What I have discovered, though, only within the past year, were some reprints of the 1930's and 1940's LITTLE ORPHAN ANNIE sequences and they are true gems of comic strip storytelling! Gray at his best was a master of suspense and characterization and, unlike today's continually shrinking strips, he was given enough space in which to create his worlds. At times as violent as DICK TRACY, the strip could be very dark and genuinely dramatically affecting! Annie, herself, however, remained an eternal optimist in hard times of war and depression but generally without the cloying characterization that could have easily become.

The owners of LITTLE ORPHAN ANNIE, echoing that optimism, indicate a certainty that we haven't seen the last of Annie and Sandy (ARF!). Looks like the newspapers have, though.

Duffy's Tavern Starring Me!

Cincy Con regular Jim Widner recorded and posted this past weekend's re-creation of a lost episode of DUFFY'S TAVERN from 1941 (as adapted and transcribed by Derek Tague). Geez, I'm out of shape but otherwise, not too shabby for an amateur if I do say so myself. And the colorfully garbed actress next to me who plays Madame Sickelsby, the genial-ologist, is my lovely bride of 19 years next month!
Note also bookdave and Brittany Rose in the audience, lower right, attempting to tape the same piece until her battery ran out!

Wednesday, May 12, 2010

the 25th Annual Cincinnati Old Time Radio and Nostalgia Convention!

Unlike in previous years, the dates, guests and hotel for next year's convention have already been set! Mark your calendars now!

Tuesday, May 11, 2010

Other Than That, How Was the Play...?

As usual in all of the various online and on-air reviews of this past weekend’s 24th Annual Cincinnati Old-Time Radio and Nostalgia Convention, the live re-creations of the old shows get dismissed with a terse, “Oh, and there were also some onstage re-creations.” Sigh. For many, myself included, the re-creations are a major highlight every year—especially these days when I can no longer afford to drop three or four hundred bucks in the dealers’ room!

In my case, the main reason I went back to the third Convention more than two decades back now was because my then girlfriend, Rene, and I, had been founding members of G.R.A.C.I.E.—the Golden Radio Association of Cincinnati: Imaginative Entertainment. G.R.A.C.I.E. performed radio re-creations onstage, on mike, with sound effects and all at various functions around town…none of which ever really appreciated us. But by the time we talked the Con into letting us add our re-creation to their already in place re-creations from the ad hoc Dave Warren Players, we had honed our single show into a well oiled machine!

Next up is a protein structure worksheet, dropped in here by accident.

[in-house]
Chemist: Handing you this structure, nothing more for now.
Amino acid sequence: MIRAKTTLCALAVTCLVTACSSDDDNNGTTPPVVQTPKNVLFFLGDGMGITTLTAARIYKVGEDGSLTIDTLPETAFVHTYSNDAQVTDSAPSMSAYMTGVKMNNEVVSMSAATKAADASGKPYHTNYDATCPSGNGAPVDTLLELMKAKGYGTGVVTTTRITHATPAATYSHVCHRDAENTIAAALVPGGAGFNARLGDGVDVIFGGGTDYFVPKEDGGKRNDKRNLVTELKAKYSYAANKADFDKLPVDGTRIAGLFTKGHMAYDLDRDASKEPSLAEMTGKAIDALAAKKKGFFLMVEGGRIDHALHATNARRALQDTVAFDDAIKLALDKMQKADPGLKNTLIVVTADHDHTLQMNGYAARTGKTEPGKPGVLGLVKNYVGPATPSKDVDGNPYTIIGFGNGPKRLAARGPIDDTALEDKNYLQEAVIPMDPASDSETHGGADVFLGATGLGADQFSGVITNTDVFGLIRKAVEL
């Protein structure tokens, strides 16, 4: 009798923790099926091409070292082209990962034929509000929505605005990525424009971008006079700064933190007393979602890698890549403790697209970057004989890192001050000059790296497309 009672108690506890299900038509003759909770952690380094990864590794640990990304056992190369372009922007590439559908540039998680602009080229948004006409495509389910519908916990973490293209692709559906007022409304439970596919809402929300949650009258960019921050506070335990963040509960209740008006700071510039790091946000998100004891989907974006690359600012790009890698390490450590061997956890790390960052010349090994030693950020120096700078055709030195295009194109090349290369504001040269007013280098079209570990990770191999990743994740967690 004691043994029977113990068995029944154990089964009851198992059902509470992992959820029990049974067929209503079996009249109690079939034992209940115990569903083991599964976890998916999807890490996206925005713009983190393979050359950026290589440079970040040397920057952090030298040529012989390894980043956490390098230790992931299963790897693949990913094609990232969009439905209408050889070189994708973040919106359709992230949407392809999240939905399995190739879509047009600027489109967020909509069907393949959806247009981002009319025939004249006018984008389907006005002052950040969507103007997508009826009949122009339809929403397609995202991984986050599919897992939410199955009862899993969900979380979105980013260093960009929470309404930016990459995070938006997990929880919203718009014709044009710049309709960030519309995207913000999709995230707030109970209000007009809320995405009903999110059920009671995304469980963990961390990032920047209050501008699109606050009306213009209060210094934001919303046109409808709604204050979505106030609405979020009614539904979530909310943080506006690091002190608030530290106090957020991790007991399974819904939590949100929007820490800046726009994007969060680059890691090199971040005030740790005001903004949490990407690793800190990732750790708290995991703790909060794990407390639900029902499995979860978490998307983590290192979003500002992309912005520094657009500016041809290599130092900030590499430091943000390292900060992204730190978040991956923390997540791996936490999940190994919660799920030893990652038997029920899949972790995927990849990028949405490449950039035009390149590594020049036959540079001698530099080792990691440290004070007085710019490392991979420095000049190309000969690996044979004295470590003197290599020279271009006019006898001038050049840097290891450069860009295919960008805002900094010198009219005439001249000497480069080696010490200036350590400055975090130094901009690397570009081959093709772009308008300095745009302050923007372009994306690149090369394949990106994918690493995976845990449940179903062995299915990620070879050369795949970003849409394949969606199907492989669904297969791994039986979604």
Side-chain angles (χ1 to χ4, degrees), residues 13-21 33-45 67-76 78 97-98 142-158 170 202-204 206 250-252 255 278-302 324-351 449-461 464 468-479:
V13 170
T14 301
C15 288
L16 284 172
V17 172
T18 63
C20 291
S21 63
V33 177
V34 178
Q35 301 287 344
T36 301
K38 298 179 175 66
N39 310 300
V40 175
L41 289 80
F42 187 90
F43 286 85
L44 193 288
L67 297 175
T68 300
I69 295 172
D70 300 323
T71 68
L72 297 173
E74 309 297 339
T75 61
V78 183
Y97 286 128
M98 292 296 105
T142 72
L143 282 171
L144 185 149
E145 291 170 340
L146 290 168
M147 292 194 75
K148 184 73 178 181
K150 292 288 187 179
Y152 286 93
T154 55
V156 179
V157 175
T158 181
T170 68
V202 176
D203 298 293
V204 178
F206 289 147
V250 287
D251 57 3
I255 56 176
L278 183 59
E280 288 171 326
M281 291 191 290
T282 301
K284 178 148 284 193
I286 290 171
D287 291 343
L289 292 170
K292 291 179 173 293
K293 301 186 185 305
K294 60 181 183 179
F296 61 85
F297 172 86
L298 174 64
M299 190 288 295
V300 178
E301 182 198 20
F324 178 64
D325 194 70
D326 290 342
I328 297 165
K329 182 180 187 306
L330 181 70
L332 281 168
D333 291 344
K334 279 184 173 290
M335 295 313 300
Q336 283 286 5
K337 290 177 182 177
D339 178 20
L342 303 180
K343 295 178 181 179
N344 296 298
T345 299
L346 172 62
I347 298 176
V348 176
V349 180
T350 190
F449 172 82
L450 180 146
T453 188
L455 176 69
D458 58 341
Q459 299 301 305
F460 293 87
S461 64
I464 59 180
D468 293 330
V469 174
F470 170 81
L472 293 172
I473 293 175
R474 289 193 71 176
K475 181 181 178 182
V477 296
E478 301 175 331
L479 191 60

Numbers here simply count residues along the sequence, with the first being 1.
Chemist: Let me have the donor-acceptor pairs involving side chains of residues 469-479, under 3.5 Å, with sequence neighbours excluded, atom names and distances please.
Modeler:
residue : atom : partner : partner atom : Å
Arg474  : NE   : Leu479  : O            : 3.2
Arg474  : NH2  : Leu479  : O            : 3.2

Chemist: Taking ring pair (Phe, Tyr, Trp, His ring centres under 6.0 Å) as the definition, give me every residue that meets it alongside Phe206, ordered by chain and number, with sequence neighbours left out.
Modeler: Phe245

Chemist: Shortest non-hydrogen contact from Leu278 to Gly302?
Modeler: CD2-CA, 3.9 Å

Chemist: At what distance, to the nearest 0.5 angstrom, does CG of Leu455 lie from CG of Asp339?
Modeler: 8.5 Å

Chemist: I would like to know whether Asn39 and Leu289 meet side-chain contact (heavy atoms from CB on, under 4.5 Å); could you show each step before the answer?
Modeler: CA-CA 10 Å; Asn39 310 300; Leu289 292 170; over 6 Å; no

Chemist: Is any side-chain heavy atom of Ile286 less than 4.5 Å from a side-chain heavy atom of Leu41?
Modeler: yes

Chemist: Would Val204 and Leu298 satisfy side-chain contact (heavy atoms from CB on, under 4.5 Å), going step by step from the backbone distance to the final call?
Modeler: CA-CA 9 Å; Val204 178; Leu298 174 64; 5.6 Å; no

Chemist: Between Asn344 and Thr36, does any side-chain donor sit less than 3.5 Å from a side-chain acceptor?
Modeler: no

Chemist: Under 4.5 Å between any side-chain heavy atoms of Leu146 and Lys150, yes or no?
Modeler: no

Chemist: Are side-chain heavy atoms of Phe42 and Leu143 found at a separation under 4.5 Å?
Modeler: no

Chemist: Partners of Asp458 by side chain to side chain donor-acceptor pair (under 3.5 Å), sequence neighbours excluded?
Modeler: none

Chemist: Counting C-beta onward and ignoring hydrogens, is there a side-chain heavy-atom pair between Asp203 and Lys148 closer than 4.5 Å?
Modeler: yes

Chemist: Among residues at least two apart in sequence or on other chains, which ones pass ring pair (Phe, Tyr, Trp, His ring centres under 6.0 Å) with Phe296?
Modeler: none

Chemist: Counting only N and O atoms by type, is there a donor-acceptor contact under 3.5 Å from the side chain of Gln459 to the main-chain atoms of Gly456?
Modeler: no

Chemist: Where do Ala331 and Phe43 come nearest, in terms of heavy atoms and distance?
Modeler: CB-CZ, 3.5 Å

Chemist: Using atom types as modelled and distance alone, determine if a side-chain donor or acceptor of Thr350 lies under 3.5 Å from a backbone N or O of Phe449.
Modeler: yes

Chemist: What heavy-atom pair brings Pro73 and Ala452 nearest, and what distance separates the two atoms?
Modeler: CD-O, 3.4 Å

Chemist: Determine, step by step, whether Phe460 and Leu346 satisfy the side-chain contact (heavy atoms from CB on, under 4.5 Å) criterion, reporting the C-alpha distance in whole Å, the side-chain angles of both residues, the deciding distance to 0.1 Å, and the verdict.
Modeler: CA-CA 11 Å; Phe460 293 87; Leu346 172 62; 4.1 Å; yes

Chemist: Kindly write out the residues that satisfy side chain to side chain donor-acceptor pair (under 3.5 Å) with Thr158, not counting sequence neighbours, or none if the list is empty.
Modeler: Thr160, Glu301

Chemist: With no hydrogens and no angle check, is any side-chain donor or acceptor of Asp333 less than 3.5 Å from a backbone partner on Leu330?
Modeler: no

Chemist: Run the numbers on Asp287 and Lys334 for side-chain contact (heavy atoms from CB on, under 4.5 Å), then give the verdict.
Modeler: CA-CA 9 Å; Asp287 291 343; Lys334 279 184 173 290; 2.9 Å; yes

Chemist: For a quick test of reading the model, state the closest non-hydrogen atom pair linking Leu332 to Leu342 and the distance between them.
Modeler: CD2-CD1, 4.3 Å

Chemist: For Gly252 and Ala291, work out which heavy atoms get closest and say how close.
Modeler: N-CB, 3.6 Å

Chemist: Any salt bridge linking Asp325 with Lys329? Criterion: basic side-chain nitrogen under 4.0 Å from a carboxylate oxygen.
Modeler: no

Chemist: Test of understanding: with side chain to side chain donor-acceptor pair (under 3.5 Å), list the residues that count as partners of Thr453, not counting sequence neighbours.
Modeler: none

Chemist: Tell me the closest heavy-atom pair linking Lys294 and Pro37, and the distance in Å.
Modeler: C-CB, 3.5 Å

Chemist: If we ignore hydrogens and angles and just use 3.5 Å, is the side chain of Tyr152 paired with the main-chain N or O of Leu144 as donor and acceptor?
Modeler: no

We rehearsed RESULTS, INC.—adapted and directed by myself—at the Con that year with that year’s guest, Willard (THE GREAT GILDERSLEEVE) Waterman standing in for our absent announcer. It was a thrill. When we went on it was for our biggest and most appreciative audience to date. Although I have, throughout my entire life, been sometimes painfully shy, I relished those moments onstage!

Dave Warren liked our performance and drafted many of our members to also appear in his productions which, that year, were episodes of TOM MIX, DUFFY’S TAVERN, FRED ALLEN and a LET’S PRETEND version of “The Brave Little Tailor.” My wife played Mrs. Nussbaum in Allen’s Alley and my mother in the LET’S PRETEND! I played Jack, the title role! I was also cast as the acerbic Fred Allen and as Eddie, the waiter at Duffy’s. It was a thrill—a genuine thrill and I assumed it was all over at that point. G.R.A.C.I.E. dissolved amidst petty politics and we weren’t even sure we’d go back for the third convention.

In fact, when we did, we went as dealers, renting a table to sell stuff. When “Big Dave” Warren saw me behind the table, he chastised me for not being at the auditions and cast me in a small role in an ESCAPE with that year’s guest Parley Baer. That particular re-creation was directed by Bob Hastings, who would become a fixture of the Con in future years. Dave also made me promise to audition for more parts the following year!

And I did. That next year I played Homer to Ezra Stone’s HENRY ALDRICH as directed by Donald Ramlow who would become our regular director to this day. The following year was the first of two turns as Jughead to Bob’s ARCHIE ANDREWS. Over the years my wife and I literally became the repertory company. She played, amongst others, mothers, daughters, witches, a fake medium, a monster, announcers, and, in a matter of obvious typecasting this year, a geneaologist.

Every year I felt my moment must surely have passed but every year I was cast in at least a small role with a scene-stealer every once in awhile! I’ve played a dog, a frog, a ghost, a talking crow, an intelligent mouse, a robot, a cowboy, an alien, a number of teenage boys, a few old codgers, mobsters, a wisecracking photographer, a druggist, a detective, and a dozen others!